The Hoax DVD: Review By Dodd

A well-crafted true story and a scenery-chewing Richard Gere
  • Feature
  • Extras
  • Replay Value
A well-crafted true story and a scenery-chewing Richard Gere
The special features could have a little more effort behind them.
Richard Gere is one of those actors that is not known for playing an array of different and unrecognizable characters, but rather different characters with his consistent mug. The man graces every film with a calm smile on his face with the same chill demeanor yet there is something about him that sticks out as an accomplished actor that rises above average. Gere may not be the man of a thousand faces, but when he plays a character triggers every emotion to perfection. Whether he is a c*cky attorney in Primal Fear, or a c*cky singing lawyer in Chicago, the man has talent. In The Hoax, the actor dyes his hair black and steps into the shoes of Clifford Iirving, one of America's most notorious liars.

Clifford is a struggling writer just waiting for his big break in the literary circle. When he is up to his eyeballs and debt and is expecting a deal-maker from McGraw Hill, he is slapped with the disappointment that his book is not happening. In a desperate attempt to make some dough, he takes it upon himself to write a work of fiction that is sure to knock the publishers' socks off. But this story is only fictional to Clifford and his co-conspirator Dick (Alfred Molina, spectacular as always). What Clifford is writing is a biographical account of millionaire Howard Hughes' life except without any authority from his subject. Being that Hughes is a hermit and a recluse, he Clifford foresees all the lies he can possibly fabricate without any resistance from the anti-social airplane mogul.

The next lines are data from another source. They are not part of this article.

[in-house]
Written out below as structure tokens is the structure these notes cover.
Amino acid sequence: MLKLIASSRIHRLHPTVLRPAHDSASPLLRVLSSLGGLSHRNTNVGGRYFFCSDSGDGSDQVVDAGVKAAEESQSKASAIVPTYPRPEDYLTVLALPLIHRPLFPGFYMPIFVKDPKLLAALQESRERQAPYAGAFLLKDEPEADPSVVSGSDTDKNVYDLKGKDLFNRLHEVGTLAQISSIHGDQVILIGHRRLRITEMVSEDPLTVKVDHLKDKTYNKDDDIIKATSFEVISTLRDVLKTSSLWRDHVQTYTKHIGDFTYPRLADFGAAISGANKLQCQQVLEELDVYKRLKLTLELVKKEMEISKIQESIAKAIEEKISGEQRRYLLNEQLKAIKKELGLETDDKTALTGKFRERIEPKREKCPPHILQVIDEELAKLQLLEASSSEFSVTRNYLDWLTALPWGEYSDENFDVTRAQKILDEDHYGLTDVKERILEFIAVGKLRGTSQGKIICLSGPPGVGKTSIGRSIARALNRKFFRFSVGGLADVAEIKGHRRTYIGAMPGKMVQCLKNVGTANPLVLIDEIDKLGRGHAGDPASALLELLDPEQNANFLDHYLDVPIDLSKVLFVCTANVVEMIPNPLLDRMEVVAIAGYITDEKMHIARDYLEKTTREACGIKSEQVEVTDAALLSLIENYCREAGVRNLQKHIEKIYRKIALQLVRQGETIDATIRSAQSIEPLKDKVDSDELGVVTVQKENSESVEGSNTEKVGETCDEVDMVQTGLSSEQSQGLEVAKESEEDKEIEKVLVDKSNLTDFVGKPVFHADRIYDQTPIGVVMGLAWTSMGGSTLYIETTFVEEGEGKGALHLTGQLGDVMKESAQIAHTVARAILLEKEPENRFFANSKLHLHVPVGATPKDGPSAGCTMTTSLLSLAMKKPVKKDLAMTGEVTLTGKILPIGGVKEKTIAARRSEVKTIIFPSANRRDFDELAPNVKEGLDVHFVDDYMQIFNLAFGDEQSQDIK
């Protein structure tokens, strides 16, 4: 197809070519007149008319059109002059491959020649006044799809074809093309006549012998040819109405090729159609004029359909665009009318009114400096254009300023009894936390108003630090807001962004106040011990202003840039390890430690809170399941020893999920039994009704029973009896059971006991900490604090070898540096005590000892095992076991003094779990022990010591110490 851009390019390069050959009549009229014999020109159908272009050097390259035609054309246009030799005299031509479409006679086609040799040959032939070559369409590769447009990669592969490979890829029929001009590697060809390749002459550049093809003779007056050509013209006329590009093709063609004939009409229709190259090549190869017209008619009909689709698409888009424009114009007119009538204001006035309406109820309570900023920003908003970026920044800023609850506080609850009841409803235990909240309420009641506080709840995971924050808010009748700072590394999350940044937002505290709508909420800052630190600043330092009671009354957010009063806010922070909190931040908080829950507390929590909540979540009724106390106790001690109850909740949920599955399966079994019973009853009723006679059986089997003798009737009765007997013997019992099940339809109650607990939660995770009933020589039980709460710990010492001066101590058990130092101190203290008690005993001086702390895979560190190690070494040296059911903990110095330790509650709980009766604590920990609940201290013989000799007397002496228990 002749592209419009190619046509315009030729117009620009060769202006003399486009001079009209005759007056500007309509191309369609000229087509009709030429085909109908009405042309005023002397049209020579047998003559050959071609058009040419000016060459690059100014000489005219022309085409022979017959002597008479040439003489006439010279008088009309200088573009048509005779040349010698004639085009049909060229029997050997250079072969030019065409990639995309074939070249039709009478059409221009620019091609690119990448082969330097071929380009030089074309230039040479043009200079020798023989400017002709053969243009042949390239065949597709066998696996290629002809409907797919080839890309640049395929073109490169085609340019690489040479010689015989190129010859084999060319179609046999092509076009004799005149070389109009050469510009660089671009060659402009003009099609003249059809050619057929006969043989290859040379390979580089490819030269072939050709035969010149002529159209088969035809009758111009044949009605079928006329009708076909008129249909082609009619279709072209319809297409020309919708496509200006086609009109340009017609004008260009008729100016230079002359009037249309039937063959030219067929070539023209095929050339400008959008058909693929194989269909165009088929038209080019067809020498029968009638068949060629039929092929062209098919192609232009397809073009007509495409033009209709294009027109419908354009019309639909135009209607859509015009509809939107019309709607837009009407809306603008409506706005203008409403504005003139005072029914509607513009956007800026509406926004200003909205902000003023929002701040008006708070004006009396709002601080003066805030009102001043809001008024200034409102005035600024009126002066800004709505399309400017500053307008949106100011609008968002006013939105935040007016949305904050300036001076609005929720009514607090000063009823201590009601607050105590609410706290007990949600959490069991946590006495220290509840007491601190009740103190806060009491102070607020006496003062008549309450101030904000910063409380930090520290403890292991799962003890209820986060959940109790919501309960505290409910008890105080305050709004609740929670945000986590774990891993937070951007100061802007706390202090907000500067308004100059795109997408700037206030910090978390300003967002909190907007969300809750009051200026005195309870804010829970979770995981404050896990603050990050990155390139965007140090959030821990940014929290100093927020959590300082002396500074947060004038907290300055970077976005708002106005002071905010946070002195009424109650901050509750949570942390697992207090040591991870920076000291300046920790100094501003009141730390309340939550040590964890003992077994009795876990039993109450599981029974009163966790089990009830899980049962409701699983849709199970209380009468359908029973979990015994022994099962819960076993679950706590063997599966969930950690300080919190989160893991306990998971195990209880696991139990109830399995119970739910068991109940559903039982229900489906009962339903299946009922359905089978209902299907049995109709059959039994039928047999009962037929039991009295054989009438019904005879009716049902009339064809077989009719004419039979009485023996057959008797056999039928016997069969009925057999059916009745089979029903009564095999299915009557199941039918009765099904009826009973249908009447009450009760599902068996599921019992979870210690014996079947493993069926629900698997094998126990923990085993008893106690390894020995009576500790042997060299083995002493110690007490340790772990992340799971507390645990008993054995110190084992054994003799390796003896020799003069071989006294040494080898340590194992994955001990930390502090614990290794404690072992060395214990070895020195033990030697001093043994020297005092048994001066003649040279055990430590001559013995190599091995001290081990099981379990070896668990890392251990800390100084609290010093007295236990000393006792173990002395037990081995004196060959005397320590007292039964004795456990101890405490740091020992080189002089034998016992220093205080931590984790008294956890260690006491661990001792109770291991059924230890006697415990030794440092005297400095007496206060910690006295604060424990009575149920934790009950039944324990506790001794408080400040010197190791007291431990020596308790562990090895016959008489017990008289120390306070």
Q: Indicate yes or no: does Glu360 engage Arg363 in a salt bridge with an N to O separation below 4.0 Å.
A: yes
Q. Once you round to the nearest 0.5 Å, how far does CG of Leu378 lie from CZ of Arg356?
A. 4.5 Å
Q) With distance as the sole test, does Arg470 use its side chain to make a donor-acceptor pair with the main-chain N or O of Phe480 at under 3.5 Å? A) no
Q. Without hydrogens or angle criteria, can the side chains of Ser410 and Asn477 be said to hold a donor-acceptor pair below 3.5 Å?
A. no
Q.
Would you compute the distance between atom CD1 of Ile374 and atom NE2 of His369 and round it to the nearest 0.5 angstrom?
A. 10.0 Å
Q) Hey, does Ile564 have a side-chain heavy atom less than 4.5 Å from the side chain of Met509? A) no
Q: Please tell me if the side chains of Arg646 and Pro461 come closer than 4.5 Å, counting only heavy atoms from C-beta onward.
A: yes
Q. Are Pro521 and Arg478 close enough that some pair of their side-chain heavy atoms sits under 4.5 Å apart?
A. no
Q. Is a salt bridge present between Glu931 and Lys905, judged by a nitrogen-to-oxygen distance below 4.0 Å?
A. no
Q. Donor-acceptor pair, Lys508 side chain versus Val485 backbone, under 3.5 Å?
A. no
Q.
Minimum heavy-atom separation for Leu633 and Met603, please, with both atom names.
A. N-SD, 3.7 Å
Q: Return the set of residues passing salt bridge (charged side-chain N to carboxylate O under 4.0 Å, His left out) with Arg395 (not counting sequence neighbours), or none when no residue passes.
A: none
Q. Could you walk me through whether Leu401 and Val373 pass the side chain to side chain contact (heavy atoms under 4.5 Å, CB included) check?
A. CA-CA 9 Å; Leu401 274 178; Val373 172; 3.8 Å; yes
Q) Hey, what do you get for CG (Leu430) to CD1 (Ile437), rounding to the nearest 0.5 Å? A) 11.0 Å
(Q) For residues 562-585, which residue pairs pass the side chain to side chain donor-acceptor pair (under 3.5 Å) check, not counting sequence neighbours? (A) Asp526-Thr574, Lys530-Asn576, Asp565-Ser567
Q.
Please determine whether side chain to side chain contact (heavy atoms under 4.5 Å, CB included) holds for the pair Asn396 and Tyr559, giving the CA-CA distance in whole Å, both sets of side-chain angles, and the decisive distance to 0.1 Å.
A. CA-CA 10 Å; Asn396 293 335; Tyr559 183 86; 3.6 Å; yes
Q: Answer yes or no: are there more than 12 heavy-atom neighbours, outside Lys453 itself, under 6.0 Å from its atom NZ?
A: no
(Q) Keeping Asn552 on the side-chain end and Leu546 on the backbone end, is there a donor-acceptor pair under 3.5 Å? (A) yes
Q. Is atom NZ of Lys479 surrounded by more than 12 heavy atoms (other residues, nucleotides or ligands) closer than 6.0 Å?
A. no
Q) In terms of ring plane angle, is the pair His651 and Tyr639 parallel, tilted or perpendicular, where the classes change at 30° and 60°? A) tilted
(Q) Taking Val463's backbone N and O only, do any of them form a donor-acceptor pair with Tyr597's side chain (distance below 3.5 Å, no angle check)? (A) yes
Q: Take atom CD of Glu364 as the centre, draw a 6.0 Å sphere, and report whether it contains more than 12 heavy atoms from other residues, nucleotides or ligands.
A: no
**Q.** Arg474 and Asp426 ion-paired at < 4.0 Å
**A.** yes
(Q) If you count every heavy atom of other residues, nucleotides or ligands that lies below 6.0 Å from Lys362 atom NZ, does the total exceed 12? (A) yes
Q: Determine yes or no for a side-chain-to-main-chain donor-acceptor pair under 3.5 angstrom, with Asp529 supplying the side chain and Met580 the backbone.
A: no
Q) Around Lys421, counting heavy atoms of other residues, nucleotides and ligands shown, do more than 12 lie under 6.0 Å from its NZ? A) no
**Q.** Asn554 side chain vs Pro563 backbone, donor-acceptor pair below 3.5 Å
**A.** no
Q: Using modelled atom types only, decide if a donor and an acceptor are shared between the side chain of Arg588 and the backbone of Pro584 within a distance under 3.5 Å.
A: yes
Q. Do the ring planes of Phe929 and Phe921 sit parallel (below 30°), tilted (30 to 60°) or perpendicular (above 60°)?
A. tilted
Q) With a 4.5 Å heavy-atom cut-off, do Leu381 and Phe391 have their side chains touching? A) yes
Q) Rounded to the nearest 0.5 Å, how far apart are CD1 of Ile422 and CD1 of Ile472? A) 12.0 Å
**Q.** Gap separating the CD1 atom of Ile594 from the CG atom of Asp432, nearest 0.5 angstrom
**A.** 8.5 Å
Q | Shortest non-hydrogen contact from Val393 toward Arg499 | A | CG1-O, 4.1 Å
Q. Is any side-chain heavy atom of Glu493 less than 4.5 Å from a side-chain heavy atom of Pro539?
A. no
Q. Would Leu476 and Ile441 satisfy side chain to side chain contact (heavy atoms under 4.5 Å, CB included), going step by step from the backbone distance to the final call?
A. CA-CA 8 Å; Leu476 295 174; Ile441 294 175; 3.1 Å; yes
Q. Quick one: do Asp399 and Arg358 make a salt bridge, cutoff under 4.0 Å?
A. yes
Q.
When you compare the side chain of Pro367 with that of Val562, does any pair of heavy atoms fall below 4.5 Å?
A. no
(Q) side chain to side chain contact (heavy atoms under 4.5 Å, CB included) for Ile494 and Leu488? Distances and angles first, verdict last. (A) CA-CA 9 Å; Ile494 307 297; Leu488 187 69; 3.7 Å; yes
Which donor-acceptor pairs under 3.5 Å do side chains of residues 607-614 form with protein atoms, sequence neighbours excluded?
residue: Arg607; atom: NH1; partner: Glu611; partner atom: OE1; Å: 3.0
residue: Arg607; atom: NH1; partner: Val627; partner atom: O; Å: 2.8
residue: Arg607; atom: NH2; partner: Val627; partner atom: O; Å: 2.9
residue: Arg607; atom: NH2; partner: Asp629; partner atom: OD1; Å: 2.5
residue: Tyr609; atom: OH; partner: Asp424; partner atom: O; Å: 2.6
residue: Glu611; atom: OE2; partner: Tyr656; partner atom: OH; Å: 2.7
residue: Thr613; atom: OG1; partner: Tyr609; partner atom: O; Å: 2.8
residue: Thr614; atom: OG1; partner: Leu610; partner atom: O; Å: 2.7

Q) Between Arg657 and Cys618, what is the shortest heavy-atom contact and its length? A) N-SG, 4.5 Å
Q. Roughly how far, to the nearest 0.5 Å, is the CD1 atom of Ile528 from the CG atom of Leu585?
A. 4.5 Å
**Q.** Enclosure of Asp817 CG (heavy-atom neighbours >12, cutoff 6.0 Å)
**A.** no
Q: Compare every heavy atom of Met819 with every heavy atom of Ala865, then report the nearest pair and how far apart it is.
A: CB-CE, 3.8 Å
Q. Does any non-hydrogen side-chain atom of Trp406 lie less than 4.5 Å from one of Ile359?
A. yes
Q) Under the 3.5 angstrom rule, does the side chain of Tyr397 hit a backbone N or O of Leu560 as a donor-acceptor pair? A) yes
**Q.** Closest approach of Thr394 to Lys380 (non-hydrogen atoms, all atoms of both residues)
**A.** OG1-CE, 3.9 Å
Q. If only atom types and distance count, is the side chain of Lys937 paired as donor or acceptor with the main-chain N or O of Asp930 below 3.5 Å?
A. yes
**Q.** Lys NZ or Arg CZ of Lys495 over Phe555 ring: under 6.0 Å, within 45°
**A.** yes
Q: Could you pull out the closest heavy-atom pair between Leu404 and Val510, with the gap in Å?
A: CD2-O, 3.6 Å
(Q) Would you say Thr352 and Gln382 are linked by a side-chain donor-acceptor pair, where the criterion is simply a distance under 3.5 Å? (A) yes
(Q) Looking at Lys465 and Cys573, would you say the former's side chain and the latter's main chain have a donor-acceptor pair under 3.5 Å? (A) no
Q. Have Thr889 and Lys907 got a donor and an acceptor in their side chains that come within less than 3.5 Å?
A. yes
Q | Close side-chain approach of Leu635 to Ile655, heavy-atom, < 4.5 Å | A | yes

Unfortunately, Clifford finds that not all lies go unnoticed. While he receives fat pay checks from McGraw Hill, the consequences of his words begin to stack up. Experts on Hughes' life and mannerisms begin to file in questioning the authenticity of Clifford's accounts, forcing Clifford and Dick to cover their trails with fake taped interviews and even more elaborate, fake stories about their encounters with Hughes. The lies and the insanity even lead Clifford to briefly contemplate if he himself is becoming Howard Hughes from originating his non-existent life story.

The Hoax is not a hard-hitting, dramatic force, yet it manages to make my list as one of the best films so far this year. The storyline is sometimes humorous and sometimes dramatic making for an all-around entertaining film. However, what really struck me is its in-depth understanding of humans and the mistakes that they make. In this decade where discomfort is the new fad in humor, The Hoax doesn't attempt to give breathing room in the hole that these characters dig. Cliff is a smooth talker who rolls elaborate lies off his tongue so well that he can actually visualize his so-called conversations with Howard Hughes. Dick, on the other hand, seems like a more relatable character as he sweats and stammers nervously through his fabrications. We all have learned through little life experiences that lies always come back to bite us in the ass, and this movie follows what could be the biggest whopper of fibs that came tumbling down like a catastrophic avalanche.